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The Impatient Zone

Kids and Time

"Are we there yet?," the backseat asks. Uh oh. You have just entered The Impatient Zone.

Why Are Kids Impatient?

Put simply, kids are impatient because "now" is all they know. You see, without a lot life experience and nascent memory skills, little ones have no real sense of the concept of "past." Without "past" there is no understanding of the far more complex concept of "future." And “future” is what all the waiting is about. 


How Kids Learn About Time

For young children time isn't real because it's not tangible. They can't see it or touch it.  Yet for time-strapped parents, it's hard to imagine the very thing that rules our lives can be so illusive - so NOT-real - to kids.  So here’s how time comes into focus for them...


MAKING IT REAL. Kids learn about time by moving through it.

At first it may be noticing the difference between day and night -- light and dark. Next, they may begin to associate time with routine things such as breakfast, lunch, and dinner. 

For kids, time isn't real because it's not tangible.

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Kids learn about time by moving through it.

SEQUENCING. Next comes the idea of the passage of time when they begin to grasp the idea of sequencing (before/after, first/second/third, etc.). Putting on your socks before you put on your shoes is the kind of tangible sequence that will eventually unlock abstract concepts such as "past" and "future."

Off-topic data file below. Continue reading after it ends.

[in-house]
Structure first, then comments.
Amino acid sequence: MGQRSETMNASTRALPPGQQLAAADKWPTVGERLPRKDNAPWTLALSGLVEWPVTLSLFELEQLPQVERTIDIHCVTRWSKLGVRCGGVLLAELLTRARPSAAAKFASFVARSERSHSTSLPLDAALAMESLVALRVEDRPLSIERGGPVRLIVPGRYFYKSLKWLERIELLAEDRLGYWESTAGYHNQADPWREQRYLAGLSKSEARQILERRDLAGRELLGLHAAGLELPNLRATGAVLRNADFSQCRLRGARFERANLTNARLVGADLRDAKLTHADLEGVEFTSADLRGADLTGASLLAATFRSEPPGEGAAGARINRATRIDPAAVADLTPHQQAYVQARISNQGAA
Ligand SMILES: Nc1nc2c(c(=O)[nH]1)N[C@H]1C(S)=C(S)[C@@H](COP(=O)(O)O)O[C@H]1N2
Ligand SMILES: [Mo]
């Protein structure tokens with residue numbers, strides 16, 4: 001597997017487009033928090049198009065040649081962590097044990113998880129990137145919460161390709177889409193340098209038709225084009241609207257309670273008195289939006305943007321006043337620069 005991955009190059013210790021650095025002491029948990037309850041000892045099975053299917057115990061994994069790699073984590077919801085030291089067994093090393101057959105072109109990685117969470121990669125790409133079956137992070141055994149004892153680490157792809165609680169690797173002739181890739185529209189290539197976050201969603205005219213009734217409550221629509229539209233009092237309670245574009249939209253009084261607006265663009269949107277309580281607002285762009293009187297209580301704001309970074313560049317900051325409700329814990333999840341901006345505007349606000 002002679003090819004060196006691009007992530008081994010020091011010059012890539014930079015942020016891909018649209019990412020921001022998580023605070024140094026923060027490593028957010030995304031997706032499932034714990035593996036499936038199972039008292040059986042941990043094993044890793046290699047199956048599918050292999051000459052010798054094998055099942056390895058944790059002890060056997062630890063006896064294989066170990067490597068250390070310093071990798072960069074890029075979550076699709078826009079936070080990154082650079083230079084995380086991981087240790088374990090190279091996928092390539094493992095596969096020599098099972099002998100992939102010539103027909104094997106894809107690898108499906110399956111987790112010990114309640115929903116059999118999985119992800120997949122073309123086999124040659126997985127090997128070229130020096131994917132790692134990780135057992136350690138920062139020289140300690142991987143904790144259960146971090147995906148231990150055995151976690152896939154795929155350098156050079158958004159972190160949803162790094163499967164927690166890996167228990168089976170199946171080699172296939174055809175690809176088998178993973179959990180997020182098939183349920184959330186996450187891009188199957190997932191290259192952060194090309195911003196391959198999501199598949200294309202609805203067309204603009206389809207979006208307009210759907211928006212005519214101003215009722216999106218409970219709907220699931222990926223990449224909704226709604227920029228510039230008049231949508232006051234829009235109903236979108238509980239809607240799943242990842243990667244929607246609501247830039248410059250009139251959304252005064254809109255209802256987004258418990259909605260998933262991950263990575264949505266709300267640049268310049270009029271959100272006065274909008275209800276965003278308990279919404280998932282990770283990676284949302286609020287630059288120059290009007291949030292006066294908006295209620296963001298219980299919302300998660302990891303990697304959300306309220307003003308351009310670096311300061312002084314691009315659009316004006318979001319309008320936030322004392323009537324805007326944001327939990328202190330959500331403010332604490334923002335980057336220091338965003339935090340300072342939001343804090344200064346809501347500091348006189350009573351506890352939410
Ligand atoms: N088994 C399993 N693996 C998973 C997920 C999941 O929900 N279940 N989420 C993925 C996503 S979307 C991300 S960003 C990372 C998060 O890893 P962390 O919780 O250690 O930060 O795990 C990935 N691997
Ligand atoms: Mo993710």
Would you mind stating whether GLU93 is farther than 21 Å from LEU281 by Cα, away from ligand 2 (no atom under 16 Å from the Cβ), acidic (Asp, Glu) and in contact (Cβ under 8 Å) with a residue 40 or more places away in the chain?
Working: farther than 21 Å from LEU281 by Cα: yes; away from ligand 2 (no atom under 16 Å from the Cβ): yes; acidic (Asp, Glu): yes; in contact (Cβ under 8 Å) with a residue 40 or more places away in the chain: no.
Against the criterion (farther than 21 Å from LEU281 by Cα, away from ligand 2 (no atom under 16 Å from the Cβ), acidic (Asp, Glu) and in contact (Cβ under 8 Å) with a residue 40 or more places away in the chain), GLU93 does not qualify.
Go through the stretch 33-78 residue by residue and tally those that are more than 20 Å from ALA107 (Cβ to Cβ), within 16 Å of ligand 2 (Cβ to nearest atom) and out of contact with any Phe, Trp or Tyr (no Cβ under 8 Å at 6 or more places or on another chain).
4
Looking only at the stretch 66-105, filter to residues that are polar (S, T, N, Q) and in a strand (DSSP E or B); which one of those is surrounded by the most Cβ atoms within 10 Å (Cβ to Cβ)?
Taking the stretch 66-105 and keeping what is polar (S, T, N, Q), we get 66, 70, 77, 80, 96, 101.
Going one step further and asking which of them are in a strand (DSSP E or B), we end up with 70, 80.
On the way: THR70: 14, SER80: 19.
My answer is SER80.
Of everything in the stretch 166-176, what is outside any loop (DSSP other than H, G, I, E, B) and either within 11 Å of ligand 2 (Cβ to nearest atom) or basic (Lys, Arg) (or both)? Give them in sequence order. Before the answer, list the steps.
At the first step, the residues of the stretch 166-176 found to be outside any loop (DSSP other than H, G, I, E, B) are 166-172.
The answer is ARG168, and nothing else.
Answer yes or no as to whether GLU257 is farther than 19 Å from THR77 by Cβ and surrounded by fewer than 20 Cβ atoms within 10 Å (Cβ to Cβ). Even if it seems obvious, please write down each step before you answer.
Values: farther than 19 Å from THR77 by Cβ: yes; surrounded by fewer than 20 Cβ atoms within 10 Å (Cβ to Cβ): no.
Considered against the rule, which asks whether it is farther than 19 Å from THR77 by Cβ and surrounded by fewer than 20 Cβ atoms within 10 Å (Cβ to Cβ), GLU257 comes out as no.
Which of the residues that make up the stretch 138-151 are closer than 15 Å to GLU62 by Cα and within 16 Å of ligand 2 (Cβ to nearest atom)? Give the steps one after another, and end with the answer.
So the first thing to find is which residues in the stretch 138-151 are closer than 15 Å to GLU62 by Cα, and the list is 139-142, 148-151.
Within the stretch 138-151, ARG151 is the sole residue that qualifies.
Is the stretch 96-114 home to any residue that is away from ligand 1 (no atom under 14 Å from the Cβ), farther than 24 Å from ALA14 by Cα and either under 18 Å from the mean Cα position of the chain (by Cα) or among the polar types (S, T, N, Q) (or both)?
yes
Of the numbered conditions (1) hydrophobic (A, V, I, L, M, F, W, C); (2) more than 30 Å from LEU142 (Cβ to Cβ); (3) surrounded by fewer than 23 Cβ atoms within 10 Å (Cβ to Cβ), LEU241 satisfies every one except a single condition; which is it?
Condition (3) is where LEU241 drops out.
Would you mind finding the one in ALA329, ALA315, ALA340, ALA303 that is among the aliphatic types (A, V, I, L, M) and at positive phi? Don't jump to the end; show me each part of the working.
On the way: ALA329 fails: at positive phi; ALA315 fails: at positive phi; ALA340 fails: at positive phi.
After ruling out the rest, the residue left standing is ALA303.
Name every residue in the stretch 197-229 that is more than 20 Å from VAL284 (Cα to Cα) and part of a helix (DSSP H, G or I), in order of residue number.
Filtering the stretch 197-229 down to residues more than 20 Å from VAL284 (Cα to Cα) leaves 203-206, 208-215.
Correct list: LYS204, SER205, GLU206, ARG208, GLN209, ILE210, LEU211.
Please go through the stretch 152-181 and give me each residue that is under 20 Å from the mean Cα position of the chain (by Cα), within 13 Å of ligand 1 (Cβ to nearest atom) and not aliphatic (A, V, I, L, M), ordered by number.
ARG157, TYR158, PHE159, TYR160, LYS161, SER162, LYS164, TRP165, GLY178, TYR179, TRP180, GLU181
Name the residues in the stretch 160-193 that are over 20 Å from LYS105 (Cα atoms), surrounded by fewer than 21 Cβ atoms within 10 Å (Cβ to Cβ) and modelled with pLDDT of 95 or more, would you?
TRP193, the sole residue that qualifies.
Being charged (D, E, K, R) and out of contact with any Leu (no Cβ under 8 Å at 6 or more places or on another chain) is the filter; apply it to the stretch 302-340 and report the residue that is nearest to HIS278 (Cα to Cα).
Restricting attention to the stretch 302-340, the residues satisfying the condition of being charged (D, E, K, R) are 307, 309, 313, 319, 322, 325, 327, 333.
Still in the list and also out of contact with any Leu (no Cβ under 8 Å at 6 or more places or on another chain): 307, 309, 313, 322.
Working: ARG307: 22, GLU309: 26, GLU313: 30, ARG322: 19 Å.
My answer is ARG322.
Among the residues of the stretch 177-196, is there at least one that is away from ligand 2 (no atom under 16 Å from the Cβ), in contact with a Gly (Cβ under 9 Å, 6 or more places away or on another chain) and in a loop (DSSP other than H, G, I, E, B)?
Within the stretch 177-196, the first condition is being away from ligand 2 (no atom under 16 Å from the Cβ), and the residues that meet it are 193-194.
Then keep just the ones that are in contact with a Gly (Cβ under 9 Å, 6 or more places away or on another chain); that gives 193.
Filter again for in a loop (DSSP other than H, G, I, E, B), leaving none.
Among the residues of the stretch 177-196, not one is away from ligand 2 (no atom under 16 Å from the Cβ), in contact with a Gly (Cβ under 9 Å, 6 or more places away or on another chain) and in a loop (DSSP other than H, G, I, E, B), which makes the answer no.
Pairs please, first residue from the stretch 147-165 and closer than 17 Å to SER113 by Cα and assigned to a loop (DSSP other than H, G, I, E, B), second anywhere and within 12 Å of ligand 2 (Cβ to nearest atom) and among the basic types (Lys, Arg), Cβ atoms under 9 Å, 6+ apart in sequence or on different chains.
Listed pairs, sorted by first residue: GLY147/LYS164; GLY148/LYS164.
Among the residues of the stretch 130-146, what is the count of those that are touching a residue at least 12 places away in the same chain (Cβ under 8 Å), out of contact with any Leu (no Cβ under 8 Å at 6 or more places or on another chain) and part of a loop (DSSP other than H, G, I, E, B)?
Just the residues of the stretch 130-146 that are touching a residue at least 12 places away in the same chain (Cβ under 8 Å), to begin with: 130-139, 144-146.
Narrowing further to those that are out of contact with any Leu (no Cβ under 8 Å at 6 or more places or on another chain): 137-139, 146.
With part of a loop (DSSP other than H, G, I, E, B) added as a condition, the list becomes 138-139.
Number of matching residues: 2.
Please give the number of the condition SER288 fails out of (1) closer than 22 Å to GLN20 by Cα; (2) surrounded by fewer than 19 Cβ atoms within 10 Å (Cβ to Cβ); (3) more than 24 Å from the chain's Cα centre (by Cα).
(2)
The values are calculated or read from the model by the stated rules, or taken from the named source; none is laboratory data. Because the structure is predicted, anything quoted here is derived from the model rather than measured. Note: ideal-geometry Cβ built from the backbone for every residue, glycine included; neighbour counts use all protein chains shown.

TIME MEASUREMENT. Actual increments of time -- seconds, minutes, hours, days, weeks, etc. -- are far more sophisticated concepts that will come with experience and language acquisition over time.


TELLING TIME. And finally, the ability to read the clock will emerge as they being to recognize and understand numbers and number sequencing, and relating those numbers to the time-based events in their lives.

Time Language

Like so many things, time concepts unfold naturally through everyday experiences and the words they hear from you. So choosing your words about time is important. After all, what does "in a minute" mean to a little one who doesn't yet understand how long a minute actually is.


Here are some of the time-based words we use casually in everyday conversation. Try to imagine what these actually mean to your child, and ask yourself, is there any wonder they get impatient?

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What You Can Do to Help

To help your child get an understanding of time, they have to get a "feel" for it. And one of the things you can do is use time language that is specific, contextual, and descriptive. A few examples...



Soon means nothing. Instead, choose a specific time then set the timer, explaining that when it rings, it will be time to play.



If you can't be specific, put time in context for them, such as, "I'll play later, after dinner."


"I'LL PLAY TOMORROW."            

When time is too abstract or too long for them to imagine, be even more specific. For instance, "After we wake up in the morning, it will be tomorrow and then I'll play with you."


Now, there’s no guarantee that precision time language will keep you out of The Impatient Zone entirely. But a little clarity and patience on your part may make those trips through "The Zone" easier to navigate.

Time Promises

And one last thing. When you show up when you say you will, you're not only teaching them the value of time, your teaching them the importance of keeping your word.


And on that subject, every minute counts.

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